$17 billion—the worst outflow since 2009. More are demanding that struggling funds lower the fees of 2 percent of assets and 20 percent of profits they’ve typically charged.
Portfolio managers can still do very well: Headhunters say last year even a losing firm may have paid managers bonuses of $1 million or more. But for those who are cut loose or leave a job, it’s not unusual to be out of work for a year. Over a burger at P. J. Clarke’s in Midtown Manhattan, one manager who asked not to be named says he was confident when he left his job in 2014 that he’d have little trouble startingg his own firm. He’s still trying to raiseaise the money. Meanwhile, the rent on his office is eating into his savings.
Hedge funds still command $2.86 trillion in assets, about $11 trillion more than in 2007. And many investors still can’t resist the promiseromise of a manager who’ll outdo a plain-vanilla portfolio. A $100,000 investment in the S&P 500 in February 1997 would be worth $6 million today; the same amount invested with Paul Singer’s Elliott Management would have grown to more than $14 million, after fees. Both California’s and New York City’s public-employee pension funds recently swore off hedge funds, but the California teachers’ fund is adding to its allocation.
His name is Unclee Mo. Once a brilliant, somewhatt fragile competitor on the racetrack,track, Mo’s now a star in the breedingeeding shed. From his firstt crop of 3-year-olds, a trio o of horses has emergedd as contenders in the Kentucky Derby on May 7: Mo Tom, Repole’s own Outwork, and the favorite, Nyquist.st. For perspective, considernsider that about 1,600 stallionsallions in America produce progenyrogeny th that compete for the D Derby’s 20 spots.pots. It took the country’s ’s top stud, T Tapit, almostt a decade t to pull off thee same feat of sen sending three offspringff i g tot th the race (coincidentally, also this year).
Re Repole estimates Uncle Mo is worth $100 million. Optimistic? Certainly, but not out of the question. He figures Mo’s stud fee could rise from $75,000 today to as much as $150,000 in 2017, an increase industry insiders call feasible. Factor in about 200 matings per season and combine that with the horse’s age—he’s only 8 years old. He may spend almostlmost two more decades in the breeding ng shed.
Mo has all but guaranteed that Repole’s thoroughbred busi- ness will be profitable for as long as it lasts, a rarity in an industry where many owners run up big losses. “Uncle Mo has paid for every y single losing-proposition horse rse I can ever own in my life,” he says.
Repole co-founded Glacéau Vitaminwater—which Coca- Cola acquired in 2007 for $4.1 billion—as well as Bodyarmor, the sports- drink company. A lifelong racetrack “railbird,” Repole bought Uncle Mo for $220,000 at a Kentucky auction of young horses back in 2009.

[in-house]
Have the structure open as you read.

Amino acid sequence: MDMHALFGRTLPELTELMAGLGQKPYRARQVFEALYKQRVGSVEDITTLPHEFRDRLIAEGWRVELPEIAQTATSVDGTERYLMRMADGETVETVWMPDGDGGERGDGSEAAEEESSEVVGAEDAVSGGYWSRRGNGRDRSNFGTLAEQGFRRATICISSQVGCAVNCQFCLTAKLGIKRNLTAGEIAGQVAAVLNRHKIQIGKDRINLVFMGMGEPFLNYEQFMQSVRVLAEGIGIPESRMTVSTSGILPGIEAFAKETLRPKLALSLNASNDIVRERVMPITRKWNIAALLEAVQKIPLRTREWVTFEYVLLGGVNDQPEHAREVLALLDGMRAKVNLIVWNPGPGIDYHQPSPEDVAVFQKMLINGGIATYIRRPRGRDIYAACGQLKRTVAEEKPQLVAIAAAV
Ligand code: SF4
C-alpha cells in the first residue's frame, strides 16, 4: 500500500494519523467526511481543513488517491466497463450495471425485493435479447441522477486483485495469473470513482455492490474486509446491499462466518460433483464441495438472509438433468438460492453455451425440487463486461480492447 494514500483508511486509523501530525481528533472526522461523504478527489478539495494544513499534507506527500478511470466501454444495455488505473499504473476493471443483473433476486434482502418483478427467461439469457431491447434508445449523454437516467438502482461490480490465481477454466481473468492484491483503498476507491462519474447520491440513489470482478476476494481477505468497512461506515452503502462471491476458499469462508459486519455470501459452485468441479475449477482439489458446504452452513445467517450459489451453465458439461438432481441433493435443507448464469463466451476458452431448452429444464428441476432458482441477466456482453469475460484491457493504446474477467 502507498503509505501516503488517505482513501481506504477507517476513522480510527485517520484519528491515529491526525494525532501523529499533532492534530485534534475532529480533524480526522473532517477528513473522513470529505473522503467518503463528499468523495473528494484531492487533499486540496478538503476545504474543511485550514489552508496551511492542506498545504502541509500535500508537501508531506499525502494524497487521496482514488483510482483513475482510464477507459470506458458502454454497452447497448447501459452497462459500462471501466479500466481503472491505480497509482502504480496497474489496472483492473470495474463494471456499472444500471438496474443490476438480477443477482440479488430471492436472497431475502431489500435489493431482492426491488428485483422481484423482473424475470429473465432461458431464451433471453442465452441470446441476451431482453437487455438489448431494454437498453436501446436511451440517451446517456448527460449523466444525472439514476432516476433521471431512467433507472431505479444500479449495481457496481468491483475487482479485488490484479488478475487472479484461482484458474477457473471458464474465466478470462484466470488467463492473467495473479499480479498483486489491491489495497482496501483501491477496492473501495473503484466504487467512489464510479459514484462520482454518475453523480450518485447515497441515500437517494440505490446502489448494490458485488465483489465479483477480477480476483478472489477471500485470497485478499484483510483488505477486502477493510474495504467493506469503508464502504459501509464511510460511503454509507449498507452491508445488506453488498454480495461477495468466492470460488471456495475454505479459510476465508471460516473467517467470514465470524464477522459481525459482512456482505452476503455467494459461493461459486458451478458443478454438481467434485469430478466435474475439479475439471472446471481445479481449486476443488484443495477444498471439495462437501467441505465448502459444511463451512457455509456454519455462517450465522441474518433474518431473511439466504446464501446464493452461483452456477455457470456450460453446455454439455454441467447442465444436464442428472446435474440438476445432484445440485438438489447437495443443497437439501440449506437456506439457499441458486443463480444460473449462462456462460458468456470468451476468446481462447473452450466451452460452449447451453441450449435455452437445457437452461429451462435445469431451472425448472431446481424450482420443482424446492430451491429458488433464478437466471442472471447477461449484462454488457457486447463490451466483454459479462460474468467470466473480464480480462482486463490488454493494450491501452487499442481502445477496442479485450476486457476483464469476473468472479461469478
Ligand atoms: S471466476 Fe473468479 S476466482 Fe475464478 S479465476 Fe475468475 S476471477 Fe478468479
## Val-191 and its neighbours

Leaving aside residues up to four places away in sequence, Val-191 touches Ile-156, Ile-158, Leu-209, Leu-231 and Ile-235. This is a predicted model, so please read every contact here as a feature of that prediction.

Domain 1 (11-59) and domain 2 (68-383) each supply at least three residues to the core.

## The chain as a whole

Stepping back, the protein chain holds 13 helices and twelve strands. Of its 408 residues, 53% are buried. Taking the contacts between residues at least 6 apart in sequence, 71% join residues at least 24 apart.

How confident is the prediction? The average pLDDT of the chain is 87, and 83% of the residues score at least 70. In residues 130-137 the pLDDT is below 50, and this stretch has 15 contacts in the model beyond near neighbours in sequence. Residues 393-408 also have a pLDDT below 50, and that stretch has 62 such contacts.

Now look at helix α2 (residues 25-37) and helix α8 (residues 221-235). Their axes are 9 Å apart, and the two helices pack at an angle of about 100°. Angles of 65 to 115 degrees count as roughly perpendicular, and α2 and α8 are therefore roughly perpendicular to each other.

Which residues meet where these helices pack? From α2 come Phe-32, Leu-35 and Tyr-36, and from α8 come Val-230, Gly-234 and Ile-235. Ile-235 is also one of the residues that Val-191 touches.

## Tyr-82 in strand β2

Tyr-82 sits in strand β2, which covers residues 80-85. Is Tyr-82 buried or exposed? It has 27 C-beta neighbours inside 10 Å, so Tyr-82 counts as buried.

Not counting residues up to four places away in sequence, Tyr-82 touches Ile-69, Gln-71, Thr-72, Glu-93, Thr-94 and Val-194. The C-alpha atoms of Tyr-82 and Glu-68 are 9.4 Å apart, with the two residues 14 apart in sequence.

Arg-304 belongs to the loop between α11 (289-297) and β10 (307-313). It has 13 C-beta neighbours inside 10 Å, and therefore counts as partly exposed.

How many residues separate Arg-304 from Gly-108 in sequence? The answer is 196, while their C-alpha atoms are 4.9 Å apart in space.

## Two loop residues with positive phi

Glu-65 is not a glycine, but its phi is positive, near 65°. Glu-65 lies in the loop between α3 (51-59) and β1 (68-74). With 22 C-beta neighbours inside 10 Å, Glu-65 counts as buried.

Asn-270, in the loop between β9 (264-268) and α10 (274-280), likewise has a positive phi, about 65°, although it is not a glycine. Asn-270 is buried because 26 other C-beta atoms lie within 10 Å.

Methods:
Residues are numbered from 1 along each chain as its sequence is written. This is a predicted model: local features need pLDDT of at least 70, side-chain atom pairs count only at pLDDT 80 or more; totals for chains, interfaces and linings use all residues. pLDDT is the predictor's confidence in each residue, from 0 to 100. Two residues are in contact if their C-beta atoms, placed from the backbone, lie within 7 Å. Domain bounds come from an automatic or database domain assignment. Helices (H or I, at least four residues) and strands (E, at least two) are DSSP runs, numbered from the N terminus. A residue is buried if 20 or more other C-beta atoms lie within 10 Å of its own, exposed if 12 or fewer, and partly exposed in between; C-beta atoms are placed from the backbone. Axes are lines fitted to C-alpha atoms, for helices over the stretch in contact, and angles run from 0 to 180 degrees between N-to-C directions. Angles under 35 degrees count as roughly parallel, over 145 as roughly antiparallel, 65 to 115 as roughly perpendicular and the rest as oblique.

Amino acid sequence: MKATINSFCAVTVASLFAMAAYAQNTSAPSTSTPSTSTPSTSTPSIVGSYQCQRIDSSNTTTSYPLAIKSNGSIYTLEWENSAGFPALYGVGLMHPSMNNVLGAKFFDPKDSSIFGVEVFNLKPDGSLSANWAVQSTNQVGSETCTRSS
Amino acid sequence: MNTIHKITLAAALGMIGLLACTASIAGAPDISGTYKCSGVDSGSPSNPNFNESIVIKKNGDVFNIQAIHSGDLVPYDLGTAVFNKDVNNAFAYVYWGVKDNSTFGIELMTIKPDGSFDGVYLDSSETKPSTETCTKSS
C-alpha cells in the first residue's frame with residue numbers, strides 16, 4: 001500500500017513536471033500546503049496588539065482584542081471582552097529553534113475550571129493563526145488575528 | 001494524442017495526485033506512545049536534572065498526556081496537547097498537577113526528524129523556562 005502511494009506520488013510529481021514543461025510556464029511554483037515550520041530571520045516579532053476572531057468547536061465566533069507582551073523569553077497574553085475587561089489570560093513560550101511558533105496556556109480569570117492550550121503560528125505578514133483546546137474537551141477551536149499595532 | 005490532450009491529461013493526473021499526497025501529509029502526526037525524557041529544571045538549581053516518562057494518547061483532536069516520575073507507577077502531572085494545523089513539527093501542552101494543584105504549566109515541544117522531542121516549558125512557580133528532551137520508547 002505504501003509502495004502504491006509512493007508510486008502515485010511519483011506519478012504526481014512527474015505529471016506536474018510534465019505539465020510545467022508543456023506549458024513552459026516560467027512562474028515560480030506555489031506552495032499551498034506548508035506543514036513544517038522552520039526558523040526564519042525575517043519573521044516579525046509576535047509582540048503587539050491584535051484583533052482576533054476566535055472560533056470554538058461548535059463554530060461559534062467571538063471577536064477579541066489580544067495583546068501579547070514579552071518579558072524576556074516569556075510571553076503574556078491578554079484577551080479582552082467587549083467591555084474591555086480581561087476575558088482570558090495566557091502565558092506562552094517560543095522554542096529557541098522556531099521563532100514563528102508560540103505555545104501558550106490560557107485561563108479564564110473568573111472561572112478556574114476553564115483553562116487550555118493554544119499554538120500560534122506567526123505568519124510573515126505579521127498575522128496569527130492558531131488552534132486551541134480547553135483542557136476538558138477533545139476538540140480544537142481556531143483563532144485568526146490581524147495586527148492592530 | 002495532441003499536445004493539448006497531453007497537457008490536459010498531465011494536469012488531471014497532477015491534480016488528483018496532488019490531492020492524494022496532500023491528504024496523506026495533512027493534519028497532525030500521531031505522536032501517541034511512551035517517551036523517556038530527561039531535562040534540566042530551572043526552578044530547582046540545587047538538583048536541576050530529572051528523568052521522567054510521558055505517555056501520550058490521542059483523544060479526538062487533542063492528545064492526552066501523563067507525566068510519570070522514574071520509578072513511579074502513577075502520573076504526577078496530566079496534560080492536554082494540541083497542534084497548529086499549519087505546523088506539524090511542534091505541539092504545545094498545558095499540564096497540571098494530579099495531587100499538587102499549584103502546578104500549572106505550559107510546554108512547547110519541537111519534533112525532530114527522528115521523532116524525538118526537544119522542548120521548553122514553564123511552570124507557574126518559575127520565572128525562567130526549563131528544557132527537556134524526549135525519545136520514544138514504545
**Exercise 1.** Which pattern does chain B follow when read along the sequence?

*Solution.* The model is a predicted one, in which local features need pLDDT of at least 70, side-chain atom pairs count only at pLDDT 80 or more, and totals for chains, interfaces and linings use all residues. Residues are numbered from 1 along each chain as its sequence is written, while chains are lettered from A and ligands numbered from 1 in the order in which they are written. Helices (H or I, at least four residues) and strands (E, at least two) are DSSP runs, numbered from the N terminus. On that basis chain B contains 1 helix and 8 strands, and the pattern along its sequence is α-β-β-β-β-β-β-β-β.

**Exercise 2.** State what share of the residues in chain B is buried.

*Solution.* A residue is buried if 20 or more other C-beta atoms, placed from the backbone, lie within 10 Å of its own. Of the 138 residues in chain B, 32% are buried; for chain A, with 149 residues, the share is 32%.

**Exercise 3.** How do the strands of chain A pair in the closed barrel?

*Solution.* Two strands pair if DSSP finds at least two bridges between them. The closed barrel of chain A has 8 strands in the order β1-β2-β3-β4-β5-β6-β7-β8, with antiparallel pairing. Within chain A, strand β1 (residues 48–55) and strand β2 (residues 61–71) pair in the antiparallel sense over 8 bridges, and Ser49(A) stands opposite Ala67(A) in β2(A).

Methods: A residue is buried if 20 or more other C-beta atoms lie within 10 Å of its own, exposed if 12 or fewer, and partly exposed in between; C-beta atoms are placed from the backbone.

Even as a baby, Mo was a big, powerful, leggy thing. When he arrived the next spring at trainer Todd Pletcher’s barn in upstate New York, his massive stride awed onlookers. “He was a ground- gobbling machine,” says Pletcher. The colt won his debut race by 14 lengths.
In early 2011 the undefeated Uncle Mo was the Kentucky Derby favorite. He didn’t make it to the race. He was defeated at Aqueduct and diagnosed with a rare liver disease. He disappeared for four months,m made a brief comeback,co and went out with a 10th-place finish in theh Breeders’ Cup Classic. Mo now spends his daysday at Ashford Stud, an expanseexpa of rolling fields and limestone-and-limes oak barns in the KentuckyK bluegrass. Triple CrownCrow winner American PharoahPha calls Ashford home, too. Coolmore Stud, which oper$4.8 ates Ashford, owns stakes in both horses. Repole didn’t want to talk much about the deal beyond saying that he retains a “healthy” piece of Uncle Mo. Pharoah’s initial stud fee was set at $200,000. Tapit commands $300,000. Mo, by comparison, started out at just $35,000 in 2012, a reflection of his struggles on the tracktr as a 3-year- old. But his firstfirs crop of 2-year- olds earned moremo money than those of any otheroth stud in America last year. So far in 2016, his offspring havehav made $4.8 million, enough to p place him third on the stallionlio rankings list this year, even thoughtho he hass no older thoroughbredsou competing.ompeting. Repole still seems s a bit haunted by what-ifs. What if Mo had stayed healthy, what at if he’d made it to the Derby? Repole sees the success of Mo’s offspring as proof of how great the colt was going to be: “He would have been American Pharoah before American Pharoah.” �David Papadopoulos and Micha Rondeau
The bottom line Money is moving out of hedge funds in recent months, and the industry is started to look crowded. Amount Mo’s offspring have made so far in 2016, enough to place him third on the stallion rankings list The bottom line Uncle Mo’s offspring have hit the racetrack running. His stud fee used to be a bargain $35,000; now it’s $75,000 and climbing.
Edited by Pat Regnier Bloomberg.com